Anyone remember how Google was launched? Or when it got it’s first mainline press mention? Here are the other names that came in quietly and then caught fire through word of mouth – eBay, Amazon, Paypal, Twitter, Facebook. The iPad was revealed at a signature Apple event, but then Apple is the exception that proves the rule. They manage cover stories and play the media to perfection. It helps that their customers are loyal to the point of being obsessive. But for the vast majority of brands introducing parity products with hairline differences can only aspire to a few column centimeters tucked away in the inner pages.

A launch event can work when anticipation is built. An Indian company, Notion Ink was present at CES this year with their Android tablet, Adam.  But almost a year prior to the launch, they kept up a constant stream of updates through the blog and whipped up interest around the world. They ran a contest for the logo, teased potential prospects with the possibilities and when they finally announced limited availability, sold out in a few days. So, time, as well as constant engagement, is key if you want to build the foundation for a base of customers


Addicted to Ease

We’re getting addicted to ease. Less work, more convenience, fatter paychecks, endless vacations. We’re not just celebrating the people who are successful, we’re making heroes of those who made it with ease.  Answer 15 questions and you can become a millionaire. Children obsessed with gaming find studying difficult? The solution is to make learning fun. Timothy Feriss professes to follow the 4 hour workweek. Getting rich quick is the other mantra. And the opening line in the sales pitch is usually about how easy it is and how little you have to do. Whether it is an online business or losing weight – it’s as if we’re scared of work and scared to fail. And that is a formula for failure.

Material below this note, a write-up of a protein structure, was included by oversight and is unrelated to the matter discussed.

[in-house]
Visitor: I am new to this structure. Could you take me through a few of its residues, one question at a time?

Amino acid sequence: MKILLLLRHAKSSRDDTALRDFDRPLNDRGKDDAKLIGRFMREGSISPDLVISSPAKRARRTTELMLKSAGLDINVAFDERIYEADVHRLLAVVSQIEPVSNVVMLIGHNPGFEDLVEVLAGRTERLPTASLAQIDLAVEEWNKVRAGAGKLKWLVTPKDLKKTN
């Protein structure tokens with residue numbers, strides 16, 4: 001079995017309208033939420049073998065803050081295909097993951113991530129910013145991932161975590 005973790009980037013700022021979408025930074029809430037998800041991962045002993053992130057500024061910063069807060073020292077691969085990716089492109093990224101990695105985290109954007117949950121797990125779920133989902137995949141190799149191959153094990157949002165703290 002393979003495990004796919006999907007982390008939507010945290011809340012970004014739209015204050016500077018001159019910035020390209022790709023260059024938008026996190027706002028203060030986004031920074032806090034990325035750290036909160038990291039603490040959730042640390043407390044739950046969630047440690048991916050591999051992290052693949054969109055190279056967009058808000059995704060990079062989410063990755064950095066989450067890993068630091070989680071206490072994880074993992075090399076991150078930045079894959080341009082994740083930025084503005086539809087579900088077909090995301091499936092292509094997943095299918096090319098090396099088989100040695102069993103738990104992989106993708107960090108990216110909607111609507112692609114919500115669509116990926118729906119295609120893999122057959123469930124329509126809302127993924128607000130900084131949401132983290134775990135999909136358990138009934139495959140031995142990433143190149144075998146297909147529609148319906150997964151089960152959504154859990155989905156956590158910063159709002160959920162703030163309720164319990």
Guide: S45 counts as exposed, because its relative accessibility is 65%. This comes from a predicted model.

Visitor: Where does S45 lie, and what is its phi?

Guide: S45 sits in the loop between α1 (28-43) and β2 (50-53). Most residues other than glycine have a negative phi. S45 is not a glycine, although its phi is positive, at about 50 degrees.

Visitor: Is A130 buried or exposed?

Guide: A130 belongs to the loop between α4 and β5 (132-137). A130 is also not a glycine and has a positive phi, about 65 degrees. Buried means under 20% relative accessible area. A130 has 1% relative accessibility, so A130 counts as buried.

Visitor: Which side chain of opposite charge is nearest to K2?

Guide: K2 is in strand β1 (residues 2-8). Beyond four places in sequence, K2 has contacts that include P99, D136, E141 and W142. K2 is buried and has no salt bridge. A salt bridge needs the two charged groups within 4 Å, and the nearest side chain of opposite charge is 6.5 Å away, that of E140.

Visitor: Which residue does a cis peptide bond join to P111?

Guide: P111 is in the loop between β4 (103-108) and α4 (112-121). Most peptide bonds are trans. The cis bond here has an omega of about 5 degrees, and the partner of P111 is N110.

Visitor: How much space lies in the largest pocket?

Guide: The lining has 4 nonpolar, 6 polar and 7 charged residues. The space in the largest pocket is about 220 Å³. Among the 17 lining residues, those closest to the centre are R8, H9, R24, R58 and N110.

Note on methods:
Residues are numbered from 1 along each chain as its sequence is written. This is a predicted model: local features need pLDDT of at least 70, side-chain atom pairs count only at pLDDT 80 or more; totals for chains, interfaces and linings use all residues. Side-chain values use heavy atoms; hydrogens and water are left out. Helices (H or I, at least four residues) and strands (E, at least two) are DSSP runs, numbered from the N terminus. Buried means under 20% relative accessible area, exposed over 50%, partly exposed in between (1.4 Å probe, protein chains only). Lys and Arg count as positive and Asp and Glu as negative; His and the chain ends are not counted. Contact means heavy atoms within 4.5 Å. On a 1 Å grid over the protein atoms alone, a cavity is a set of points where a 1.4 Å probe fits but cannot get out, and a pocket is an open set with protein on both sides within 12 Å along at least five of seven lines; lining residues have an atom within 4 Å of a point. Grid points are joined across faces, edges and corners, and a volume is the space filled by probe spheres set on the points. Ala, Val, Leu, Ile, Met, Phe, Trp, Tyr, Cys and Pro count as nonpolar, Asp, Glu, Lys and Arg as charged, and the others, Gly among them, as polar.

Paul Graham’s wonderful essay The Acceleration of Addiction is scary. Because it is so true. We’re already at the stage where we cannot conceive of a life without the internet, mobile phones, and gaming. While we classify only those who are on drugs and alcohol as addicts, how do you respond to those who spend hours gaming or texting every day? He ends on a thought-provoking line ‘We’ll increasingly be defined by what we say no to’. An escape from work is easy in today’s world. One just has to pretend that there is a lot going on. The Bermuda Triangle of productivity is captured in this insightful illustration.